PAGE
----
What exactly is Christian about pitting the needs of children against the needs of adults who bear the weight of society on their backs?
Dean M. Ansley Tucker shared examples of people disrupting the church and school’s every day norm (nudity, delirium, drug paraphernalia, human waste) that are impolite and inconvenient reflections of our painfully broken system, not a reflection of the tent city as a whole.
The religious ethics I was raised with would suggest this is the time for listening and learning more, developing greater compassion and patience, and recognizing that pitting the haves and the have-nots hurts everyone, not just the visibly poor and homeless.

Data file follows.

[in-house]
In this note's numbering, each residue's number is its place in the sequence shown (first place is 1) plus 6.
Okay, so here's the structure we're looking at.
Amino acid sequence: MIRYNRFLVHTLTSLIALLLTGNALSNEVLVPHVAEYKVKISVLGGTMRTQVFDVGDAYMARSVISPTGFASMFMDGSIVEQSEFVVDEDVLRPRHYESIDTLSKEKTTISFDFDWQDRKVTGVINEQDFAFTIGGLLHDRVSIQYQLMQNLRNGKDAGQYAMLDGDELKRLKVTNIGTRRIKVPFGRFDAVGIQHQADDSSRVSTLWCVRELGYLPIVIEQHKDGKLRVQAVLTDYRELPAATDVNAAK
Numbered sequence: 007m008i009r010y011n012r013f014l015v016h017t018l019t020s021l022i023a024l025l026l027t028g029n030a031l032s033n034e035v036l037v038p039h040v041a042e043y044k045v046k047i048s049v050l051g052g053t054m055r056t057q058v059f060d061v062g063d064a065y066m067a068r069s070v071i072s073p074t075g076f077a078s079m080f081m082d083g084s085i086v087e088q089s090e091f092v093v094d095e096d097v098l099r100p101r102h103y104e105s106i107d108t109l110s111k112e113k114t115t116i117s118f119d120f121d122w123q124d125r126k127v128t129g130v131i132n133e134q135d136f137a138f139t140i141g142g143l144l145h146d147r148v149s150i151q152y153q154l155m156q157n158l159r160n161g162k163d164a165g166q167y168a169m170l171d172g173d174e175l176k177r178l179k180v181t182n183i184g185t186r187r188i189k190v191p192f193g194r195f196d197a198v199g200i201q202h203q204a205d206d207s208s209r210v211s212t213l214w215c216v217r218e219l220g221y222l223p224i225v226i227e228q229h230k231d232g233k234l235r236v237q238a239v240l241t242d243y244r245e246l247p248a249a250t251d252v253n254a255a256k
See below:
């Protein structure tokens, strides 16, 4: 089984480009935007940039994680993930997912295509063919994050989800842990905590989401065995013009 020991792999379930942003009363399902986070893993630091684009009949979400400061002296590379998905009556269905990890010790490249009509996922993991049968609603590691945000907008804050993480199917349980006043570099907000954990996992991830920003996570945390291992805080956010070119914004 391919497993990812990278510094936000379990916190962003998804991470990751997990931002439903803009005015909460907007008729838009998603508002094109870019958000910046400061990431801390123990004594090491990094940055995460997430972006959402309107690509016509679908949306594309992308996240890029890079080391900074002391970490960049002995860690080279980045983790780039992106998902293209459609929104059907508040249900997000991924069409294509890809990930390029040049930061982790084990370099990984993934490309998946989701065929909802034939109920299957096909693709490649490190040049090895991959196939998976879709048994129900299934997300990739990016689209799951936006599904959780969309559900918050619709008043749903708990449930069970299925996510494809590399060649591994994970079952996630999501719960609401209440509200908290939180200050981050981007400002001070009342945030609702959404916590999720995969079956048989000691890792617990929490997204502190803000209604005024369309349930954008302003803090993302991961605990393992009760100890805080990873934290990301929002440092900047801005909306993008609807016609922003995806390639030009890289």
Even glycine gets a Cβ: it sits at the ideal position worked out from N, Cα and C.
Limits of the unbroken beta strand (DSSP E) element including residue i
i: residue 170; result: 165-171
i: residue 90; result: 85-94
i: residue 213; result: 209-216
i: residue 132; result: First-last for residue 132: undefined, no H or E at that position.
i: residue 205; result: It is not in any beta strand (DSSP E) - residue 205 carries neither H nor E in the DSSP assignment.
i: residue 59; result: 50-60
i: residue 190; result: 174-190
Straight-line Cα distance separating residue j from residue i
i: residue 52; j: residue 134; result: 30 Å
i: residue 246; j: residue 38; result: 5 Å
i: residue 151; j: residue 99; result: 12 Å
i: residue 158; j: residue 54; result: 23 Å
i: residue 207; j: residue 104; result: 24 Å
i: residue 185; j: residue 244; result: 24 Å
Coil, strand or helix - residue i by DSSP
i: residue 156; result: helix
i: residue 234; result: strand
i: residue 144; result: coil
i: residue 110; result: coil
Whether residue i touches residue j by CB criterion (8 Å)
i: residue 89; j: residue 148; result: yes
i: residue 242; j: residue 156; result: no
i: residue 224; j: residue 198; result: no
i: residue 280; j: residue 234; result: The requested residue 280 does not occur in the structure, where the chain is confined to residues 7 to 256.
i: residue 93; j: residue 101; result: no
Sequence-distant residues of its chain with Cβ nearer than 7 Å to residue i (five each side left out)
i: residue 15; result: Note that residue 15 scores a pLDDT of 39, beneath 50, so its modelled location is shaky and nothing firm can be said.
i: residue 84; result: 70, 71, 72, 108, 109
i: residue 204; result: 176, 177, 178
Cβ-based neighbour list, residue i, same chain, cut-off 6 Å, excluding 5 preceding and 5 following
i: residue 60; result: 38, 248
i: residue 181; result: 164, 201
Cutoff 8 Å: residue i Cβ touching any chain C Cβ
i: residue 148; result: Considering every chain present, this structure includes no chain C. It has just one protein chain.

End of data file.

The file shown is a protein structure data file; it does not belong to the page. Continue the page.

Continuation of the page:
The Dean stated that the church would continue to support tent city residents. How do they propose to do so when, if the tent city is shut down, there is nowhere for a sizeable number of residents to go?
I wonder at how easily my housed neighbours judge our homeless neighbours. How can I decide, for example, that I know what’s best for someone who has the choice between moving among short-term shelter beds, couches, or sleeping rough, and settling, for a while, into a vibrant and autonomous community that values their existence as fully human?
I can’t and I won’t.
But I will support any efforts leading to more genuine choices, more homes, and more dignity for more people.
- Christ Church Cathedral wants tent city shut down, May 17, 2016, by Sarah Petrescu: http://www.timescolonist.com/news/local/christ-church-cathedral-wants-tent-city-shut-down-1.2256110 ↩